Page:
I’ve written a number of times about the immense value placed on conscientious behaviours in the workplace. Employers around the world have singled out this particular trait as being their most sought after. With a conscientious personality, you inevitably strive to do the best job possible. Does that inevitably lead to a sense of guilt if, for whatever reason, you end up letting down a colleague, and does this sense of guilt matter?
A new study, published in the Journal of Personal and Social Psychology, suggests it may well do. The study suggests that employees prone to feel guilty when they let a colleague down are not only the most hardworking people in the office, but also often the most ethical too. Interestingly however, such people also find it difficult to go into partnerships with other colleagues.
The finding has some big implications for how we go about forming our teams, because whilst the guilt-prone employees amongst us tend to make great teammates, they often appear reluctant to do so.
“Because of this concern for the impact of their actions on others’ welfare, highly guilt-prone people often outwork their less guilt-prone colleagues, demonstrate more effective leadership, and contribute more to the success of the teams and partnerships in which they are involved,” the research team explain.
The role of guilt in the workplace
The study saw five experiments conducted, with each one revealing that people prone to feel intense pangs of guilt can often be incredibly reluctant to work with others, especially if that colleague is more talented than they are. The authors suggest that this is largely down to the perceived unequal contributions of the partnership, with the guilt-prone individual reluctant to take more out of the relationship than they put in.
“It may come as a surprise,” the authors say, “but our findings demonstrate that people who lack competence may not always seek out competence in others when choosing work partners.”
The research saw participants asked who they would rather complete a task with, having been given a degree of information about their potential collaborators, including their level of expertise in that particular field. It emerged that participants with high guilt responses were less likely to choose a partner who was better in that field than them for fear that they would only let them down.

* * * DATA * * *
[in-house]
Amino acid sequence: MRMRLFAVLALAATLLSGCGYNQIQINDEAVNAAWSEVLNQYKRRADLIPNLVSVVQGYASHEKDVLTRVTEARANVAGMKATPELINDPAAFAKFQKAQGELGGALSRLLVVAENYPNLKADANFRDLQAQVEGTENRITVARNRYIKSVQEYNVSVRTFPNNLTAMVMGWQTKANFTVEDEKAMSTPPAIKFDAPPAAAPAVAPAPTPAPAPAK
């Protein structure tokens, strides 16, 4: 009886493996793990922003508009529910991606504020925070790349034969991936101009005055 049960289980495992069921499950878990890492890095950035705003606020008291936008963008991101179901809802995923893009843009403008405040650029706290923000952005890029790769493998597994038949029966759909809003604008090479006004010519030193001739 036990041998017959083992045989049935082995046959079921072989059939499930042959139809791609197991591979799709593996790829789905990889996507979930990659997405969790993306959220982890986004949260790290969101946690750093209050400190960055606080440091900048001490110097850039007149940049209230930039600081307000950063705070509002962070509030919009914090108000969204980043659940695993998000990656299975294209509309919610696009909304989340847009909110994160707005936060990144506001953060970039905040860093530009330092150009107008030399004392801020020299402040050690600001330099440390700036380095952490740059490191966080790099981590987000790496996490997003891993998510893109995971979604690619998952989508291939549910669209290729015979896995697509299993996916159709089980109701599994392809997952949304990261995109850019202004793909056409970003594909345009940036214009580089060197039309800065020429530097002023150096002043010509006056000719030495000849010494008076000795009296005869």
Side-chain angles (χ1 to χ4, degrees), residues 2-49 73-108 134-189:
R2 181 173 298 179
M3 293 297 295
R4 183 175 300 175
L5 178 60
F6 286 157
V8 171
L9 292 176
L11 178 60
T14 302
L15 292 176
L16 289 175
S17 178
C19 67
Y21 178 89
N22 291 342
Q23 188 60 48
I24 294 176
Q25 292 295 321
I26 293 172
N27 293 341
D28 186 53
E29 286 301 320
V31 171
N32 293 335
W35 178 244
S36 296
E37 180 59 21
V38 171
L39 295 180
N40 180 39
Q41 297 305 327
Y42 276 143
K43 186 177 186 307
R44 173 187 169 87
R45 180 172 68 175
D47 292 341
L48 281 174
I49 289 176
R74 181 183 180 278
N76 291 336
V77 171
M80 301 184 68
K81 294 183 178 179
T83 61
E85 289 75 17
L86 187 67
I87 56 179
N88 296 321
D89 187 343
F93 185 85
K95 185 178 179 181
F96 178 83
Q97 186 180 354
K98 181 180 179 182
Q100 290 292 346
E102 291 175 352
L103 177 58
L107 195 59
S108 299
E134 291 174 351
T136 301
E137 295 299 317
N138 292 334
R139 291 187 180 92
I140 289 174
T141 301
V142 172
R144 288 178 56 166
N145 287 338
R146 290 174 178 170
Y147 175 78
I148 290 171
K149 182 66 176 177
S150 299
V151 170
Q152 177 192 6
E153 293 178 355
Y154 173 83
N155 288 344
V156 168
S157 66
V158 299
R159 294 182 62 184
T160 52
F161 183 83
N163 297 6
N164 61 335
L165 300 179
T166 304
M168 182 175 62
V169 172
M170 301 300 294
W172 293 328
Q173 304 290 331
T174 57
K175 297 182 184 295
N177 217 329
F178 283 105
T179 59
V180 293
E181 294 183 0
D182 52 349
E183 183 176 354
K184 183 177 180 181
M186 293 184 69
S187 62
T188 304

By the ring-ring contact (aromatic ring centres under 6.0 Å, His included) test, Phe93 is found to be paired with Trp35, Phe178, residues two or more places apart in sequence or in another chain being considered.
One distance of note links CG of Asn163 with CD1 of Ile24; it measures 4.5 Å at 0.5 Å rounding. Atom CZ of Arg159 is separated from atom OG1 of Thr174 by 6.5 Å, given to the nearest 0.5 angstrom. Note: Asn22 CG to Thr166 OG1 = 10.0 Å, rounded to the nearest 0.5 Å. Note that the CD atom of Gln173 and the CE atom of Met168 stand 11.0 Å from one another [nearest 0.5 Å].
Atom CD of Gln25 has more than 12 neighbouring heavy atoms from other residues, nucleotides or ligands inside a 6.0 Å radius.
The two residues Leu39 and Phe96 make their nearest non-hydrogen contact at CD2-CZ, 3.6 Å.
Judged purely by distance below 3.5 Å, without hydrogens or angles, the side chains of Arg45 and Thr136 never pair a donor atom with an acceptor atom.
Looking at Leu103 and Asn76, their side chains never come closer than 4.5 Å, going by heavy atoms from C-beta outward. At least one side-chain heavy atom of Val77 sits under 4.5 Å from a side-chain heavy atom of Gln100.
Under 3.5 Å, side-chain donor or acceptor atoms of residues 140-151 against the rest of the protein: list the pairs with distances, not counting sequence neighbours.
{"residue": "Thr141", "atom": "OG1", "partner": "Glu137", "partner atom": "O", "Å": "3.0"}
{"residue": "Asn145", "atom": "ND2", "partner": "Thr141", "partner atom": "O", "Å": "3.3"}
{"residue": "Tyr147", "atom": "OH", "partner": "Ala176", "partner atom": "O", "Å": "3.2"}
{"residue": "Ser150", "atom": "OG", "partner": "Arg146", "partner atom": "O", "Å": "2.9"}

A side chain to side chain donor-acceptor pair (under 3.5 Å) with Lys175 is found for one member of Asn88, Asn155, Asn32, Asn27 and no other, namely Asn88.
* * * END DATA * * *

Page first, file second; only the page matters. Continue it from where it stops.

Guilt and salaries
Interestingly, this also had an influence on the salary expectations of participants. Those who were likely to feel guilt were much happier to be paid purely on their performances.
“Guilt proneness reduces the incidence of unethical behavior,” the authors say. “Highly guilt-prone people are conscientious. They are less likely to free-ride on others’ expertise, and they will sacrifice financial gain out of concern about how their actions would influence others’ welfare.”
The findings should have some interesting applications in the workplace, as managers can use the information to form more coherent and productive teams.
“Managers could try to ensure that highly guilt-prone people are creating the partnerships and perhaps even assuming leadership roles on teams,” the authors conclude, “despite highly guilt-prone people’s fear that by accepting these leadership positions they might be putting themselves into position to let their teammates down.”
I’d love to hear from you if you’re someone who is prone to feeling guilty for letting others down. Can you relate to the findings in your own professional life? Let me know in the comments below.